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Technically Speaking, November 2011

LETTER FROM THE EDITOR

Our Ethics Corner feature has generated some feedback, and this month we are revisiting the first case study we presented. As expected, there is room for differences of opinion on ethics questions. In part, the growth of international membership in the MTA should guarantee some discussion on ethics. Laws differ among countries and cultural differences are greater than many assume. Perhaps the only undeniable truth in ethics is that people are not all alike. Different people hold different opinions, which is the underlying reason we have a market to trade. While cultural differences must be considered in any situation, the Standards defined in the MTA Code of Ethics are mandatory for all members and affiliates. While there may be a less strict requirement defined in local laws at times, the Code of Ethics requires that the stricter rules of the Code must be the guide. Obviously if the law is stricter than the Code of Ethics, the Code does not offer an excuse for breaking the law. We look forward to continuing discussions

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What's Inside...

TWO BRIEF ESSAYS WITH A COMMON CONCLUSION

by George Rahal

These essays discuss discrepancies in modern portfolio theory (MPT) that can be resolved by technical analysis. In portfolio theory, asset classes’ correlations with other asset classes, their...

CHARLES HENRY DOW

by George A. Schade, Jr., CMT

Charles Dow was born in Sterling, Connecticut, on November 6, 1851. He was first and foremost a newspaperman. When he was 21 years old, he apprenticed for six years at the Springfield, Massachusetts...

SPIRITED LATE BIDDING PUSHES MTAEF’s 3RD AUCTION OVER THE TOP

by Bruce Kamich, CMT

For the third year, the Market Technicians Association Educational Foundation (www.mtaef.org) “Take an Analyst to Lunch or Dinner” was a success! Over the summer, a global collection of top-shelf...

WHY RSI MAY BE ONE OF THE BEST SHORT-TERM INDICATORS

by Laurence Connors

This article was originally published in 2007, and was based on research involving 7,050,517 trades from Jan 1, 1995 to June 30, 2006. We applied a price and liquidity filter that required all stocks...

MAVERICK BY TRADERMADE

by Michael Carr, CMT

Maverick is the charting platform available from TraderMade. This is an extremely versatile package, with full charting and trading functionality combined with a comprehensive news and analysis...

THE LAYMAN’S GUIDE TO TRADING STOCKS BY DAVE LANDRY

by Michael Carr, CMT

This book, Dave Landry’s third, is a how-to guide for traders of all skill levels. It provides detailed and precise instructions on how to trade and analyze the markets, including enough...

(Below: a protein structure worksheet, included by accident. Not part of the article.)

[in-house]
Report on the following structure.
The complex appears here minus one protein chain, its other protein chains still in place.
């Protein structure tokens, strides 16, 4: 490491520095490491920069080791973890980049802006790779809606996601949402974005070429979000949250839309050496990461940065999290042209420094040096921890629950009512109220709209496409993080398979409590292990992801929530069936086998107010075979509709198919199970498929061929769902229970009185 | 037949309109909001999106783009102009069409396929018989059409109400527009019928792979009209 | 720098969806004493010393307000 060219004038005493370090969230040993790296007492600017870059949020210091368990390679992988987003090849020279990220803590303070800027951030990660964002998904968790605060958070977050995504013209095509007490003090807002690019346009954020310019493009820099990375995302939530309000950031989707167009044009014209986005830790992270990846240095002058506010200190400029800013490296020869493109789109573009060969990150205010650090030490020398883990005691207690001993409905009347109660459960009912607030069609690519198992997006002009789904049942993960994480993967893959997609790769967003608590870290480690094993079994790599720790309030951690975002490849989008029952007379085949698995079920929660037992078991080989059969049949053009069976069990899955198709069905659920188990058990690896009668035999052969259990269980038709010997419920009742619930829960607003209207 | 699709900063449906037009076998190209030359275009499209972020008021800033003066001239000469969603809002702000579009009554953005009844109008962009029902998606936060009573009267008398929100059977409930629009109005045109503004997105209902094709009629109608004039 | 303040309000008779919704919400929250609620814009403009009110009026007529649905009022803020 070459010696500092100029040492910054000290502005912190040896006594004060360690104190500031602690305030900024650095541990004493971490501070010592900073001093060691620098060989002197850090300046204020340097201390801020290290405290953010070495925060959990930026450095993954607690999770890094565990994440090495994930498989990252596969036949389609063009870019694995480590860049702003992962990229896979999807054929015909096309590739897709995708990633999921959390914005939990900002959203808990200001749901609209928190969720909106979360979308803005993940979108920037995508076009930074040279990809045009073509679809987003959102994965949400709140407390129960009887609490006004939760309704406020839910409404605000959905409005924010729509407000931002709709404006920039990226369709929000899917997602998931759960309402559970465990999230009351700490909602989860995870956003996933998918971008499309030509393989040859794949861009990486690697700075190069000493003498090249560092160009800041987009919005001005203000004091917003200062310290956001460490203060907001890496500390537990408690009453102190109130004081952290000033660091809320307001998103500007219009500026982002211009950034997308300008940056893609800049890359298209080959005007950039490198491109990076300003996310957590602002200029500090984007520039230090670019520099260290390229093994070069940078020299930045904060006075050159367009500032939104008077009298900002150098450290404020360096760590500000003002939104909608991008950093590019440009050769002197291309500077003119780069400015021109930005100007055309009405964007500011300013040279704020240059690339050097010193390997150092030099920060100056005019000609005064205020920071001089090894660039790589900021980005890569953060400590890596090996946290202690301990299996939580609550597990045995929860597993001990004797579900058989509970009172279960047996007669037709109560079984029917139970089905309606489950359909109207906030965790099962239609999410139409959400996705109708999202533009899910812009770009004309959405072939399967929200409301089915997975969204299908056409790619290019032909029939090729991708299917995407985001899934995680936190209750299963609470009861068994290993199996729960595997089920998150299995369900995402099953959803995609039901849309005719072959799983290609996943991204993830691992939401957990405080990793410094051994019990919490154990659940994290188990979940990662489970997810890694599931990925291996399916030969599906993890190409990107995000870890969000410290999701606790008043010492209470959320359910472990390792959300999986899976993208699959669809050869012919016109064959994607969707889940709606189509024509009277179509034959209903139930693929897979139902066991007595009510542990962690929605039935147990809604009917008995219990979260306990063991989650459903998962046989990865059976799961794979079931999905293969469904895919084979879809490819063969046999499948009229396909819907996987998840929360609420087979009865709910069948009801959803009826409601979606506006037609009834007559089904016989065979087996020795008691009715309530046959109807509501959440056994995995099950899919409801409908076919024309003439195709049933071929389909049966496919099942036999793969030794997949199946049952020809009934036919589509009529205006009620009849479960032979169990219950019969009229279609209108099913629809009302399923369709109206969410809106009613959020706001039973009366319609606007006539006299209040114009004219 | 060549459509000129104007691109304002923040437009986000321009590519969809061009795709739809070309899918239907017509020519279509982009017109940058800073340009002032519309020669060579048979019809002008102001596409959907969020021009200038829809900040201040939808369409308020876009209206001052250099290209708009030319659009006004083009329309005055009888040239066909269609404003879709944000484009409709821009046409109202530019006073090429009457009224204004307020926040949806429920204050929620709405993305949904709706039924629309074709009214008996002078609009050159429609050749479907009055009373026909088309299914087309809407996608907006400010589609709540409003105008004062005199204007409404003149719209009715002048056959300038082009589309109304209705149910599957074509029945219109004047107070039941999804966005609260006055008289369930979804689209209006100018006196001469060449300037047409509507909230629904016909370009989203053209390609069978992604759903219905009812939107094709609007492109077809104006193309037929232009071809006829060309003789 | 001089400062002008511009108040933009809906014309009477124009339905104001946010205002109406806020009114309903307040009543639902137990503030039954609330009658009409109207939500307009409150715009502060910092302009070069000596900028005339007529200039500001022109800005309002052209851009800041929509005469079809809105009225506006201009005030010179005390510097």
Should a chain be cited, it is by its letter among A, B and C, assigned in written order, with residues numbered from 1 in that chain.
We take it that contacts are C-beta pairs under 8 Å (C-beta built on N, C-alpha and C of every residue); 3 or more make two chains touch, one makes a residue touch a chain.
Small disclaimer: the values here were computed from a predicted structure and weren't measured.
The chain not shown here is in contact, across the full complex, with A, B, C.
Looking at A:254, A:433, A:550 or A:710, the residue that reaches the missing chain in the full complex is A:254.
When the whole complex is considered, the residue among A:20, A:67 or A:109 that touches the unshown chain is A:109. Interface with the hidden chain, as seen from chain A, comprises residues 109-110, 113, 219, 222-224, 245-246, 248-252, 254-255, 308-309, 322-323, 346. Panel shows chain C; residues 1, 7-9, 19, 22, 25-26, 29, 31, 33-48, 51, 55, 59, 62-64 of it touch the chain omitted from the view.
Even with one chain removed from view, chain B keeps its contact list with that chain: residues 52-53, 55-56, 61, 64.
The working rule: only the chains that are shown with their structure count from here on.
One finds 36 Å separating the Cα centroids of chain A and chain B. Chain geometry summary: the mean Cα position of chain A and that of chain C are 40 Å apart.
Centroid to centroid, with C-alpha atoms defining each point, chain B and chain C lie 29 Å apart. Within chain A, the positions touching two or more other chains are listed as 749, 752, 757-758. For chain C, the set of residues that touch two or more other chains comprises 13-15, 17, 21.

INTERVIEW WITH DAVE LANDRY

by Dave Landry & Amber Hestla-Barnhart

How would you describe your job? I trade my own personal accounts and have a retail and institutional consulting business. My 11 year old daughter described it the best: “My dad looks at charts all...

THE LITTLE BOOK OF TRADING BY MICHAEL COVEL

by Ajay G. Jani, CMT

Trend-following methods have been successfully utilized by generations of traders to build attractive return streams while reducing risk of catastrophic outcomes. Jesse Livermore, George Soros, John...

ETHICS CORNER

by Michael Carr, CMT

In the September issue of Technically Speaking, we presented a case study where a CMT candidate stumbled upon information about a pending takeover while working in a part-time job that was unrelated...

β = 1 DOES A BETTER JOB THAN CALCULATED BETAS

by Pablo Fernández & Vicente J. Bermejo

Editor’s note: This article is a detailed look at an indicator traditionally used in fundamental analysis. It is also an exploration of an important part of technical analysis. As a measure of...

MTA SEEKING NEW HIRE: DIRECTOR, CMT STUDIES

The CMT Board of Governors (BoG) is pleased to announce the creation of the full time position of Director, CMT Studies. The immediate responsibility of this position is the development and...

TWO BRIEF ESSAYS WITH A COMMON CONCLUSION

TWO BRIEF ESSAYS WITH A COMMON CONCLUSION

These essays discuss discrepancies in modern portfolio theory (MPT) that can be resolved by technical analysis.

In portfolio theory, asset classes’ correlations with other asset classes, their standard deviation of returns, and their expected returns are the only inputs needed to create a “global market portfolio,” which can be defined as the an optimal portfolio, whose cumulative weightings of all asset classes maximize the expected return per unit of risk. Of the three variables, two are the result of similar statistical operations. Holding an asset class in isolation, it is comprised of a standard deviation and an expected return. As such, these two variables are a corner stone of MPT. The two essays that follow present issues surrounding these variables.